Providence Art Windows Spring and Summer Map

Work on this map is currently being installed or on it's way. Enjoy the walk and read below about the installations already in place or upcoming.

Fulton Street

Coming in May, Triptych with 206,720 beads, by Samantha Fields. Please enjoy the work by Peter Green from last season until this is in place.

Eddy Street

Corey Grayhorse

Imaginary Reality

rainbow hair, wallpaper, color photographs, white hair, paper

About the Work & the Artist

I was born in Sunny Los Angeles, California in 1980 and found
 myself later relocating to Providence, Rhode Island in 2001. In being a native Californian I feel both my culture and environment have strongly influenced my art. My desire to capture imaginative composition led me to a study of photography throughout all of high school and later at Santa Monica College. There, I gained a much needed knowledge of the structure and science of photographic arts. After gaining a strong foundation I began to infuse my work with the color and flavor of my eclectic and eccentric imag

My work is contemporary and studied; everything is by design. A wide-ranging influence of styles in art, photography, fashion, creative locations, and set design, as well as traditional and pop culture inform my perspective. My trademarks of color, composition, and lighting are apparent as consistent threads throughout my work. All of these serve as a strong narrative in each piece.

Attention to detail and artful manipulation of the medium elevate my work beyond just photography. This process involves the     creation of building sets, designing costumes and scouting unique locations. Each element is thought out and carefully placed as part of the story. In a sense, these sets and locations are installations and a platform for performance art constructed and acted solely by myself and my subjects. Through the addition of characters, my portraits show a deep interest in the human expression. Through the lens I create strange beauty and satire, eliciting emotional and social responses. Frozen in time through photography, the work becomes a window into a fantastic dream world, drawing my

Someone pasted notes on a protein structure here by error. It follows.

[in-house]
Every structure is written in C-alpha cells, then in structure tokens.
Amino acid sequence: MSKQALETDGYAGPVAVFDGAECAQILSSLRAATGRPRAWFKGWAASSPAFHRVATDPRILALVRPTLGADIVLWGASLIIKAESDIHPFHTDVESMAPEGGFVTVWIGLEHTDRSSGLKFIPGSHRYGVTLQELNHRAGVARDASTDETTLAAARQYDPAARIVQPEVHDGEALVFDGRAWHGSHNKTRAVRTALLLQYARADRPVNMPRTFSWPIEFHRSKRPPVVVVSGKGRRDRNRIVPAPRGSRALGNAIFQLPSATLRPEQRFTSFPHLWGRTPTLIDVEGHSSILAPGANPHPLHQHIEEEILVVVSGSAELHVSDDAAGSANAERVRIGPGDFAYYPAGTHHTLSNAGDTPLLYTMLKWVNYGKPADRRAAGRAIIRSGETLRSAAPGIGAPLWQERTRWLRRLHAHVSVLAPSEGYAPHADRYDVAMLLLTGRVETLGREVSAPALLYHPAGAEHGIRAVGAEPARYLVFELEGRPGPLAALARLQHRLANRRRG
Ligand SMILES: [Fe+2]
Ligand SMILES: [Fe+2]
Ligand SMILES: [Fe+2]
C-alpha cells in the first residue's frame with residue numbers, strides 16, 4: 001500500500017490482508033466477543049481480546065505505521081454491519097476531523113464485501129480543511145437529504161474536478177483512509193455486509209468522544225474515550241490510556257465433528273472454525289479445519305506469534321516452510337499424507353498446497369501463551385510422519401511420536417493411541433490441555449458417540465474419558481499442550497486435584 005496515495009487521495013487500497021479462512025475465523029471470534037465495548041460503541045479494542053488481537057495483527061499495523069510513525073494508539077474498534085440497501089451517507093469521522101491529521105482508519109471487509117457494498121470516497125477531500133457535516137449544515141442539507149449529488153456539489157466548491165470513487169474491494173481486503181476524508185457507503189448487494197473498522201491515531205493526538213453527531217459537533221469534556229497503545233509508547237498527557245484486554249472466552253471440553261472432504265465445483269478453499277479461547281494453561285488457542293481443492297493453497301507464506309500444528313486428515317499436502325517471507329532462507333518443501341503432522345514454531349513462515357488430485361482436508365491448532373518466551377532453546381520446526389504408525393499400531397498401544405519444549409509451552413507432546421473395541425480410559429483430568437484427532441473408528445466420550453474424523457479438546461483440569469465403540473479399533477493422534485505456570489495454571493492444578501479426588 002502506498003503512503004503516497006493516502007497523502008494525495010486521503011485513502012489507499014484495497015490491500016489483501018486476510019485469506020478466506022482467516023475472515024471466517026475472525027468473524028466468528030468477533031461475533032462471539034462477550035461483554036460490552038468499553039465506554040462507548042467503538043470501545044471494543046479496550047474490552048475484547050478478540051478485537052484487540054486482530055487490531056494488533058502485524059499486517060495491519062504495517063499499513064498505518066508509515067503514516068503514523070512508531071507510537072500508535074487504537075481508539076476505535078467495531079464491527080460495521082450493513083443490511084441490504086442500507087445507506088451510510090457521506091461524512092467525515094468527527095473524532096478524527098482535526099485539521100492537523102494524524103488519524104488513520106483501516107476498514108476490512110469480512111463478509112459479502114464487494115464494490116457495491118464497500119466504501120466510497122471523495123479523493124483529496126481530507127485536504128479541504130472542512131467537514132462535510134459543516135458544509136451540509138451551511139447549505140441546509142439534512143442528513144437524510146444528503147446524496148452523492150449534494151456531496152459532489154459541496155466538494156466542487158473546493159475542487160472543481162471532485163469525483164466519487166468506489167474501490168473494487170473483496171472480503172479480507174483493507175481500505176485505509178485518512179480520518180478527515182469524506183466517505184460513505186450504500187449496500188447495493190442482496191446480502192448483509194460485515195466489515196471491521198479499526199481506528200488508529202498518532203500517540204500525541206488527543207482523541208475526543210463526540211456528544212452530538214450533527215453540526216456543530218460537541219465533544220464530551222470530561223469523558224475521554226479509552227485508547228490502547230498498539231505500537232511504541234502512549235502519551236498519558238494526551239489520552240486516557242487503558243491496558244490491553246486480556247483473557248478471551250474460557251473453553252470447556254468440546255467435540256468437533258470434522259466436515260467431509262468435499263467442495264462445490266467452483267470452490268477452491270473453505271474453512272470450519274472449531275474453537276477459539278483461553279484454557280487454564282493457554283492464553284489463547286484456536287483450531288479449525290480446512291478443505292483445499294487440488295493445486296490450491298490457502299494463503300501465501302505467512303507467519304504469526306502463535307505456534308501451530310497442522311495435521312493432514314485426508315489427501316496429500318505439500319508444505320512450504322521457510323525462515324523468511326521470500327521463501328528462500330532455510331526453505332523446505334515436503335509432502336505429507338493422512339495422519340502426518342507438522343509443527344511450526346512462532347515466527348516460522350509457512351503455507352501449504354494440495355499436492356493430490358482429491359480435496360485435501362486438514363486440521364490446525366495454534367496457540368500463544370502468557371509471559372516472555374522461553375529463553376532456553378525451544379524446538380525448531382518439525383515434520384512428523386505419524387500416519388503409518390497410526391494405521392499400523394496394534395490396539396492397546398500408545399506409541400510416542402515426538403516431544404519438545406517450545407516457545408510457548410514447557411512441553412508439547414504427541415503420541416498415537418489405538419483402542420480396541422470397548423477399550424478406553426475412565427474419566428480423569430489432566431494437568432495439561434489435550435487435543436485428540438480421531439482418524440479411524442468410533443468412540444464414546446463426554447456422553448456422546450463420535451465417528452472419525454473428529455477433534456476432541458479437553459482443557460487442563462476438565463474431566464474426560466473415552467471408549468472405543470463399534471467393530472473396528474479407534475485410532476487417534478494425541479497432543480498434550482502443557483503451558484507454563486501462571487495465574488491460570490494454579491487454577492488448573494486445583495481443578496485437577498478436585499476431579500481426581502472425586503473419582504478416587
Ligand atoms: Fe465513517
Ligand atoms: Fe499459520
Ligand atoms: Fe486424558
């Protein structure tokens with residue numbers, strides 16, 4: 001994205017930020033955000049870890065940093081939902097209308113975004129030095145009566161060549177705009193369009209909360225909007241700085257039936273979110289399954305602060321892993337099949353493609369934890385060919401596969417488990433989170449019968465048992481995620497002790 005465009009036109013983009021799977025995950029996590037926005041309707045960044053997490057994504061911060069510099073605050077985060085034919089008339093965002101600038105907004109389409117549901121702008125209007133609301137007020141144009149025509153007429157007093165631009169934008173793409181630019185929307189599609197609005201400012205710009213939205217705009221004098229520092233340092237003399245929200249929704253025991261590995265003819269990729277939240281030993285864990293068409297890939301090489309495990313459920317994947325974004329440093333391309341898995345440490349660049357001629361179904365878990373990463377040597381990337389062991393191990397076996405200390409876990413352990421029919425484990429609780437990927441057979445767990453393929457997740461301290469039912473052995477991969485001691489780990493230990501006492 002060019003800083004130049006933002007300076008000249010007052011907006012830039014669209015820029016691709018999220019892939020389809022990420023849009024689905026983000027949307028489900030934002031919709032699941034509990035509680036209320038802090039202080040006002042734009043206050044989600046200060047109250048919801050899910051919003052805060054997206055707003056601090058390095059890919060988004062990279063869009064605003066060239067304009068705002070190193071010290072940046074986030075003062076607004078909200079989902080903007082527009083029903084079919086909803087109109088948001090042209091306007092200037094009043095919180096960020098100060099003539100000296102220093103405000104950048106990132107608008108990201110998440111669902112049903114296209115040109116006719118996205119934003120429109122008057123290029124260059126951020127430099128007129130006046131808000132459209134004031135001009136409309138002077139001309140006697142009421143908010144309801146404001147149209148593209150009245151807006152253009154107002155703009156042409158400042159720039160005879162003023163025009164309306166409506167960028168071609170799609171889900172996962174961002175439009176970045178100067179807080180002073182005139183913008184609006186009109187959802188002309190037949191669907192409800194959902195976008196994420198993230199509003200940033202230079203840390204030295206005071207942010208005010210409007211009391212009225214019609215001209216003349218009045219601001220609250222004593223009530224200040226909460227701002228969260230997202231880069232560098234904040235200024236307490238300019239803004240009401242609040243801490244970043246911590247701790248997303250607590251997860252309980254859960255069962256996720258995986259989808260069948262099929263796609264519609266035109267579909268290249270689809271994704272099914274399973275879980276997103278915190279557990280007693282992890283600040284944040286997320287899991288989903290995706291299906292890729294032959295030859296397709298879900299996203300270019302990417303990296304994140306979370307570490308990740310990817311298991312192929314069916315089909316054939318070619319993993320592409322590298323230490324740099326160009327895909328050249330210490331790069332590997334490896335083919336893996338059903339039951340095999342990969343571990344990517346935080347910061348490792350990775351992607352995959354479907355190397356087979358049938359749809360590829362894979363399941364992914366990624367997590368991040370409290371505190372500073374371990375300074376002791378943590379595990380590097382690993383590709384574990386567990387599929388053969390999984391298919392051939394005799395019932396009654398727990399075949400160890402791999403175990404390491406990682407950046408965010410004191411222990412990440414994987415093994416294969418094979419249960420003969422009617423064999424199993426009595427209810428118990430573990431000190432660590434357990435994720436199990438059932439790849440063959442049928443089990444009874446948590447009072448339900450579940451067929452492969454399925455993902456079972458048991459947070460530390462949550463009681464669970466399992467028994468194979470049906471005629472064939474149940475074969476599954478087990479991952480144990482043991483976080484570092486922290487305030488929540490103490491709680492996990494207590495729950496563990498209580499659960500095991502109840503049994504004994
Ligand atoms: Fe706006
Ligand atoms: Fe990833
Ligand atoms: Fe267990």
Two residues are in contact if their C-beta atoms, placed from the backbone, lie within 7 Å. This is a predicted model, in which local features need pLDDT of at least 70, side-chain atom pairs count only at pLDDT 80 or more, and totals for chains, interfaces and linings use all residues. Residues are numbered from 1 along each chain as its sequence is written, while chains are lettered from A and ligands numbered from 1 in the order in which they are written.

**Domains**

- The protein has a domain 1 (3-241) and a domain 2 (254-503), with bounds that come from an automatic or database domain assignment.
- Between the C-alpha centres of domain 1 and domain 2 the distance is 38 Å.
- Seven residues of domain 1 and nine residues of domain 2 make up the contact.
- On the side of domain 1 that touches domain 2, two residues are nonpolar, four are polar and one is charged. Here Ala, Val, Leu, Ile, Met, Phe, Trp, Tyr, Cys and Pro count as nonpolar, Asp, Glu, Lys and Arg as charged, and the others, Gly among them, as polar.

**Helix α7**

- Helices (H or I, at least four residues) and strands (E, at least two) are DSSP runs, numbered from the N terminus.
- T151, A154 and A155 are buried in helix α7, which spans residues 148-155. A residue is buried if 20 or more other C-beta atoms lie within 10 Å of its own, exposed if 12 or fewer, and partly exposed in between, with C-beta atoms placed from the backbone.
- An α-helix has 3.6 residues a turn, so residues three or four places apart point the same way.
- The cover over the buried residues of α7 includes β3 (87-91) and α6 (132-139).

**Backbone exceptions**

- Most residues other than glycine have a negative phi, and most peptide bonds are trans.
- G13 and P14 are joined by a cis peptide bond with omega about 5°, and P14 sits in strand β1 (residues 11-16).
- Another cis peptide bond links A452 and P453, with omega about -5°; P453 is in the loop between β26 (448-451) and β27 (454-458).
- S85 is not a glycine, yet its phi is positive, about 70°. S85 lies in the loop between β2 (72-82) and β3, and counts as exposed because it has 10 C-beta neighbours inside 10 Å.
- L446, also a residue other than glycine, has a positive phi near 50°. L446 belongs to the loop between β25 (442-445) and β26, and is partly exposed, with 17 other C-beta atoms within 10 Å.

audience in.

In my world I take these icons from their original context and superimpose them into a new one, contrasting the traditional with the contemporary at times. My images are fresh and lively, and it is clear that I have as much fun making them, as the spectator has viewing them.

For more about the artist.

203 Westminster Street

Coming soon! Please enjoy the work from last season by Karen Rand Anderson until then.

191 Westminster Street

Ricky Katowicz

Windfalls or: What Passes Through The Needle’s Eye

Crinoline, thread, paper, paint, fabric, filler, bucket, bottle, syringe

About the Work

The large stitched portraits represent the moment in time that Amanda Clayton, Urooj Khan, and Abraham Shakespeare each received a substantial monetary prize by result of playing the lottery. The bucket, bottle, and syringe symbolize the tragic end that each faced shortly after winning. The glittering pillows are meant to signify the excitement of easy money while simultaneously relating, in form, to the stones of Shirley Jackson’s famous short story, The Lottery.

About the Artist

Ricky spends late evenings in his basement studio, using the sewing machine as a drawing tool. In addition, he creates noise and visuals for an experimental group called Wind & Ghosts, performs with an international puppet troupe called Big Nazo, and spends every day designing girls toys for Hasbro. He lives in Cranston, RI with his wife, daughter, cockatiel, and dwarf hamster. His work can be seen at his personal blog, in the Todd Oldham board book - Sundance Film Festival A-Z, and on toy shelves around the world.